In those cases, South Korea has become much richer than North Korea and West Berlin has become much richer than East Berlin.

Natural experiments like these are relevant when you study the question of why some nations fail, and Robinson has analyzed one of them for years: Ambos Nogales.

Both Nogales

Nogales is a divided city: it lies in northern Sonora, Mexico, and southern Arizona, United States.

“Before President Trump got excited about the walls, there was already one in Nogales.”

Two advertisements: Nogales, Sonora;  Nogales, Arizona
Nogales is in two countries: Mexico and the US.

Indeed: due to the tense relationship that existed between the two countries during the 1910s, the Mexican authorities erected temporary fences on the border. But after the Battle of the Ambos Nogales, which broke out in 1918, the first permanent border fence was built between the two towns.

“So there are two walnut trees, they look very similar in many ways, but in ways that are very relevant to people’s lives and opportunities, they are dramatically different, ” Robinson emphasizes.

So let’s go back to the question: why?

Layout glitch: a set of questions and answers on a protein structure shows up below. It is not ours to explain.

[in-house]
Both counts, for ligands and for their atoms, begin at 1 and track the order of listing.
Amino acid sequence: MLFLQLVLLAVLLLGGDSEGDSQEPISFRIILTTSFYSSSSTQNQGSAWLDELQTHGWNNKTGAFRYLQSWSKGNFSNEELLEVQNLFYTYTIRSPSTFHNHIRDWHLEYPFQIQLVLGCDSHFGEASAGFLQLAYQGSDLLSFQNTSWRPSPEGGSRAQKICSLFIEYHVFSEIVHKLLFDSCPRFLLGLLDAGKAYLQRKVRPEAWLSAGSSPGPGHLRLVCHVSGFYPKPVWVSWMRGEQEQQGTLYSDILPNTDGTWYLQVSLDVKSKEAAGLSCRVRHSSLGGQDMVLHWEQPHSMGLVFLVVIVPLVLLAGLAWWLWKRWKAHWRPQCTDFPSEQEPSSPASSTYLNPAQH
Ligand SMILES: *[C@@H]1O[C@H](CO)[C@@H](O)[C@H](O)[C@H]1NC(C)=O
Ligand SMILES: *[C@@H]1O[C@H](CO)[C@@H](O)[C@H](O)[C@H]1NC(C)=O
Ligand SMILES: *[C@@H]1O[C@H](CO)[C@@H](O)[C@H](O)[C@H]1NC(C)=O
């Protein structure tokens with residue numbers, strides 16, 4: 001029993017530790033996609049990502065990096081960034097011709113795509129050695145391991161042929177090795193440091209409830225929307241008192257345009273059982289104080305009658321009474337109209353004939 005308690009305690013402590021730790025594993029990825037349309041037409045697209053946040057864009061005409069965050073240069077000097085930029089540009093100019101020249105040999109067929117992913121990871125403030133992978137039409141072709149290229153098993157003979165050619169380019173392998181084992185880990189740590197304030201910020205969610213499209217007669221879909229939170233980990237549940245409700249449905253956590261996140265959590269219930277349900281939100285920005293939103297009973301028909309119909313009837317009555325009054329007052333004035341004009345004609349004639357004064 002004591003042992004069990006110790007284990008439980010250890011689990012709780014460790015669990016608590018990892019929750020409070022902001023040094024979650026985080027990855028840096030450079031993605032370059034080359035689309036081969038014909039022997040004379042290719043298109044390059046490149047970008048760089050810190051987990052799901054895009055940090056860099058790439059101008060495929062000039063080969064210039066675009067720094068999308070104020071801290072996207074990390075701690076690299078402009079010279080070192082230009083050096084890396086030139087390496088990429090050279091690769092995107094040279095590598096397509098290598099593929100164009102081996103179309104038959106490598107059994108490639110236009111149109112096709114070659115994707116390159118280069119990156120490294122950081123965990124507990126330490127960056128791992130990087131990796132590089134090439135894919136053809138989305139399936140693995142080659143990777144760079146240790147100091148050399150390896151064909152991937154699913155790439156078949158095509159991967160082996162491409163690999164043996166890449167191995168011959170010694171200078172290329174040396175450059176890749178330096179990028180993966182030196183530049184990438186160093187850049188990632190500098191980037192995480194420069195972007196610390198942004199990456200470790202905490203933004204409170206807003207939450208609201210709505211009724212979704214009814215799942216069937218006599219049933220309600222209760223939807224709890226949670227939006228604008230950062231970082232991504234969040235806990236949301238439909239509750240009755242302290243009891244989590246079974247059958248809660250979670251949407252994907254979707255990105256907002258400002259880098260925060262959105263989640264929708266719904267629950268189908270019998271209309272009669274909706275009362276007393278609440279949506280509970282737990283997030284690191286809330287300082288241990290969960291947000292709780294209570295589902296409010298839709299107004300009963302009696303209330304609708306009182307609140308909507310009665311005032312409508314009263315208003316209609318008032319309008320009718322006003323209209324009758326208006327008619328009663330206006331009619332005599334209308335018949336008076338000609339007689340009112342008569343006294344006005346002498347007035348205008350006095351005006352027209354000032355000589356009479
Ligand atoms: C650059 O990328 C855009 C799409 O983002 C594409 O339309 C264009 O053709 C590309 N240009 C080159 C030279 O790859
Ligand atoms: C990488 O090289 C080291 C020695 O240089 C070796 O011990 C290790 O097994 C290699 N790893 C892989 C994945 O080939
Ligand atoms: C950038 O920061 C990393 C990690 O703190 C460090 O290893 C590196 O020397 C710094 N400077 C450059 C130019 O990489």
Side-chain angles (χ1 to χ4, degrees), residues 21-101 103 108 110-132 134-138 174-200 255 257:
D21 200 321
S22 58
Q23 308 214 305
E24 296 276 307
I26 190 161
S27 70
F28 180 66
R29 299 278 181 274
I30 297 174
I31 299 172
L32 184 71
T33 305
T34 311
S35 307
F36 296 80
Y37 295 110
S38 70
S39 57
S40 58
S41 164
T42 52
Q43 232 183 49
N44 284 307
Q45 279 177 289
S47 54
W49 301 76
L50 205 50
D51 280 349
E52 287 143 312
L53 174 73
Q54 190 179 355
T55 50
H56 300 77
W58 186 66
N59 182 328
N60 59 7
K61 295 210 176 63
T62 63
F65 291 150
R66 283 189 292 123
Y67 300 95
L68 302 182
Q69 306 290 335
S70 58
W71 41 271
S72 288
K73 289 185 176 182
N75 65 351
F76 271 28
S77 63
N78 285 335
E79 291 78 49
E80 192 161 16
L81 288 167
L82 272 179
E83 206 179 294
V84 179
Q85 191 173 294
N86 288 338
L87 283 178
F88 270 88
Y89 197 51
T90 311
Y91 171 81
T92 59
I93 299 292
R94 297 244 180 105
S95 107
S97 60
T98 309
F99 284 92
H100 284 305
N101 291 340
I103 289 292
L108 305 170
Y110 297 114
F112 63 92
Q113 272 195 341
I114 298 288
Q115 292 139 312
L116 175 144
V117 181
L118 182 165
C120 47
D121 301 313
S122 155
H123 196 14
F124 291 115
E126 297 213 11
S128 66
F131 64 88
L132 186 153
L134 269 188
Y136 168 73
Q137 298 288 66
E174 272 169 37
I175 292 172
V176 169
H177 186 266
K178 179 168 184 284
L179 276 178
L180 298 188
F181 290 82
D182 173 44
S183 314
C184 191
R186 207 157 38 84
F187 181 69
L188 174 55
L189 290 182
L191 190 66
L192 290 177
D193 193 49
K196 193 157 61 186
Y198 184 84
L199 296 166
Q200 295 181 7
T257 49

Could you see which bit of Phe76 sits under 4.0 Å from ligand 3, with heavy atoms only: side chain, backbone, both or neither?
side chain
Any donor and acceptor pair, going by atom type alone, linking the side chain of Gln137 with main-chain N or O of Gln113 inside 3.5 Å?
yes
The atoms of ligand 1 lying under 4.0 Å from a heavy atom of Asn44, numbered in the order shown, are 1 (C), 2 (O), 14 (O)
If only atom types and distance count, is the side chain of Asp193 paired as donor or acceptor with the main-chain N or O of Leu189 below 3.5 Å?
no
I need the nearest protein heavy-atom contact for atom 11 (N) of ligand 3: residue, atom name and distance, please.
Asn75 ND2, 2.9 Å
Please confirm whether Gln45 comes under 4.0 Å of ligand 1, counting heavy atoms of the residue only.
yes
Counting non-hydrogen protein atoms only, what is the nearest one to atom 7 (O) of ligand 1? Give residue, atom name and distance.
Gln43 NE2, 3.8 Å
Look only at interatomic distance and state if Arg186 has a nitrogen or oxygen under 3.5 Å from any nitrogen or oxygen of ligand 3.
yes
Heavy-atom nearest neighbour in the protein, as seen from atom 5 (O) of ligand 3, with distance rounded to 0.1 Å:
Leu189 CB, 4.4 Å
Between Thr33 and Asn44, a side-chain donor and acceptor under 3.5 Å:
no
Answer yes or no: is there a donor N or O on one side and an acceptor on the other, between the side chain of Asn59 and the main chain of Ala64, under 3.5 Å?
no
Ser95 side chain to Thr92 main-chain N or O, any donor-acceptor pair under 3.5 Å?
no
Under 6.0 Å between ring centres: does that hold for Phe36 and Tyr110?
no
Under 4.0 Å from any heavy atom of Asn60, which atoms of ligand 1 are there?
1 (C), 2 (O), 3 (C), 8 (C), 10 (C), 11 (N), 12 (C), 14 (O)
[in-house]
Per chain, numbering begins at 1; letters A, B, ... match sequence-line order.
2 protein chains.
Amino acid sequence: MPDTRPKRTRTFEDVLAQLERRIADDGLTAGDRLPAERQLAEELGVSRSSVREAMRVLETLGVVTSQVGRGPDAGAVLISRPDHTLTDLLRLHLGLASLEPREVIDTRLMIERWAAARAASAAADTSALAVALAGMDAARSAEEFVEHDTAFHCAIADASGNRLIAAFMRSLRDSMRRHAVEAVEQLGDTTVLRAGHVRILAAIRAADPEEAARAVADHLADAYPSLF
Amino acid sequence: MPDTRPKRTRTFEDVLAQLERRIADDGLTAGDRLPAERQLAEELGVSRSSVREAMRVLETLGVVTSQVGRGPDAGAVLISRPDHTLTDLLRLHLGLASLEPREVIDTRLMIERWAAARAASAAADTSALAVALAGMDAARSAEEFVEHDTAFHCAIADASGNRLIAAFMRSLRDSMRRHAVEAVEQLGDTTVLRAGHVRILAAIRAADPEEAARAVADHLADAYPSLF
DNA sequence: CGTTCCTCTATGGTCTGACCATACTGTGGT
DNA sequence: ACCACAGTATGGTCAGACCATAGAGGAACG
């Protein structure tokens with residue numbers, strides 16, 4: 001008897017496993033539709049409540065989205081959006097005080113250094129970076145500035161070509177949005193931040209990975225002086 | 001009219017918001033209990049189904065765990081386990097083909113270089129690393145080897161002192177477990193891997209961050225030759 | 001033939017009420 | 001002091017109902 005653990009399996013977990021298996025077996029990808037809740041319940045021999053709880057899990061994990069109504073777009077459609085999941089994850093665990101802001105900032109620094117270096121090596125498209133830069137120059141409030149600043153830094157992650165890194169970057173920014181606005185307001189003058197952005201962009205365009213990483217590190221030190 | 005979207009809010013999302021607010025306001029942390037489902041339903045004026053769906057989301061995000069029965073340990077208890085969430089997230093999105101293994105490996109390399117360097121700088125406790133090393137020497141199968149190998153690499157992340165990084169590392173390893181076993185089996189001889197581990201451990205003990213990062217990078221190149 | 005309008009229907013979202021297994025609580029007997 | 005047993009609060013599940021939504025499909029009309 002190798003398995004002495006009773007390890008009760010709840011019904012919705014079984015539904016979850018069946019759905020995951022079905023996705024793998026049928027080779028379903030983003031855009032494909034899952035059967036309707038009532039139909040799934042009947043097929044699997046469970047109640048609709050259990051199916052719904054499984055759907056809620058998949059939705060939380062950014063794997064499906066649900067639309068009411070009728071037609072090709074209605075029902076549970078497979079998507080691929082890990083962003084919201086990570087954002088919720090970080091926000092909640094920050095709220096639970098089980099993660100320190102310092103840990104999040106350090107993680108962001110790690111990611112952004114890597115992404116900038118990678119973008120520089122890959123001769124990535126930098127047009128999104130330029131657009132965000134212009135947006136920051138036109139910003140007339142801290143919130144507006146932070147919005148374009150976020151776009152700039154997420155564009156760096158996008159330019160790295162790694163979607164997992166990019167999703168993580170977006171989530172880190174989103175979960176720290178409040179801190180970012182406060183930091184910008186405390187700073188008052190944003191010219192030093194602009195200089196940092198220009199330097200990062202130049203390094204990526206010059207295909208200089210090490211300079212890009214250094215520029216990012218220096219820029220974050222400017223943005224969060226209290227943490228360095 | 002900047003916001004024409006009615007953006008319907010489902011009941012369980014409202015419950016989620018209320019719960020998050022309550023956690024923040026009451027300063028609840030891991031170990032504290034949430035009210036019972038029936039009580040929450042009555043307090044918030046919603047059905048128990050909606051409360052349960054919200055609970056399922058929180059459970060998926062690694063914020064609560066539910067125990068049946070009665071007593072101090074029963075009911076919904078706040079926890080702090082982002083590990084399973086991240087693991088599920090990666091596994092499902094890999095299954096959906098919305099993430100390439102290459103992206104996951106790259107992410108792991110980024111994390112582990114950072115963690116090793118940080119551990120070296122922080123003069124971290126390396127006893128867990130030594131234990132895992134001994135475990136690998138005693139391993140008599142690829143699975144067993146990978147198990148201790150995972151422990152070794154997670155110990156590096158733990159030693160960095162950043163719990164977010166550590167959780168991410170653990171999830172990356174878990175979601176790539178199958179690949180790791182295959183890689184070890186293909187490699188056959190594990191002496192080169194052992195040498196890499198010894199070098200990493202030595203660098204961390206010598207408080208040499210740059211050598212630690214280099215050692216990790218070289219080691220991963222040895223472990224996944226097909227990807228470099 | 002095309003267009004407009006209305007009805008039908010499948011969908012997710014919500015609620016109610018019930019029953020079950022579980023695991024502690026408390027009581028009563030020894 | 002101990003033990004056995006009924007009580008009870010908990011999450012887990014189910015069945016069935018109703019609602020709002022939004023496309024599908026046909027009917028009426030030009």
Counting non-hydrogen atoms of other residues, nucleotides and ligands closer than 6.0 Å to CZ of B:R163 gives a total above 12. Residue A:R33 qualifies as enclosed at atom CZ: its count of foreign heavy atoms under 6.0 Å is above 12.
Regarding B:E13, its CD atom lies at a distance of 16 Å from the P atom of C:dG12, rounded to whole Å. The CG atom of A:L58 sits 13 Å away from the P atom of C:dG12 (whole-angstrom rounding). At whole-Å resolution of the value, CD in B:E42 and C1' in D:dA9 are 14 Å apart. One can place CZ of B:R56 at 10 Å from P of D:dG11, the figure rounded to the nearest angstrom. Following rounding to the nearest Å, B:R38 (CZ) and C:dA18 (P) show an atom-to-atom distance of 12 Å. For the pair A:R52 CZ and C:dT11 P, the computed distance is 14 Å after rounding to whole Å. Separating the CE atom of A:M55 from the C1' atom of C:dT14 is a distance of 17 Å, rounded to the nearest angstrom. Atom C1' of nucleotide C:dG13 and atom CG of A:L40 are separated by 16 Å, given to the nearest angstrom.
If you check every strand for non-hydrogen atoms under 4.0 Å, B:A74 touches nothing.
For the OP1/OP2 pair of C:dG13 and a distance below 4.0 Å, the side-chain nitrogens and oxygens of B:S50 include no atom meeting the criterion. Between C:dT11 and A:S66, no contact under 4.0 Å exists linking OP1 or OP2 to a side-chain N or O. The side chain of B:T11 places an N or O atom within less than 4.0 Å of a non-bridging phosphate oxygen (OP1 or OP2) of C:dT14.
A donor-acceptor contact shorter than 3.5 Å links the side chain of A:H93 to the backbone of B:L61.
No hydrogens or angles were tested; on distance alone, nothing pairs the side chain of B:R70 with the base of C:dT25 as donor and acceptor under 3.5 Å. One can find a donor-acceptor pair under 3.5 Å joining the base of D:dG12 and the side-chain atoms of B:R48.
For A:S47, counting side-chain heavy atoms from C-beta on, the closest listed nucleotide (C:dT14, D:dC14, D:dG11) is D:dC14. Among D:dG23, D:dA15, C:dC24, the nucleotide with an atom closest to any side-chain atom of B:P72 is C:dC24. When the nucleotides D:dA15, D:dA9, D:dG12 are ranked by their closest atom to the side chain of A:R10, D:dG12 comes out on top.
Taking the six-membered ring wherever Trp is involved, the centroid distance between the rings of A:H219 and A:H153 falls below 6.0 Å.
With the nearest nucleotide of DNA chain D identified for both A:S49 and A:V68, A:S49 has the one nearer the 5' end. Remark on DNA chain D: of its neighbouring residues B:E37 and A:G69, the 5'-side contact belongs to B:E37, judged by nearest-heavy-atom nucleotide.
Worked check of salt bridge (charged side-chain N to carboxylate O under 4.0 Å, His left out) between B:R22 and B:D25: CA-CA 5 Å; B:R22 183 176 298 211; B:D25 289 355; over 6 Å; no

All kinds of explanations have been offered to explain this dramatic mismatch in the wealth of nations.

One of them is…


Norwegians, the argument goes, are rooted in a Protestant work ethic. On the contrary, in some other places people are more lazy.

But that cannot explain the Nogales case.

Fence and view of Nogales, Sonora
Although in Nogales the fence makes a dramatic difference, it cannot be said that it is for cultural reasons.

In terms of music, food, family values, etc., there are no significant cultural differences between the north and south of Nogales. And James Robinson cites other evidence to undermine the cultural narrative.

“Something that we have researched a lot is the impact of European colonialism on comparative development in the world.

“A lot of people say, ‘The reason America is so prosperous is because the English came, they brought this Anglo-Saxon Protestant work ethic.’ But if you look at the question of the impact of British culture more broadly in the colonial world, you will see s that can not be true .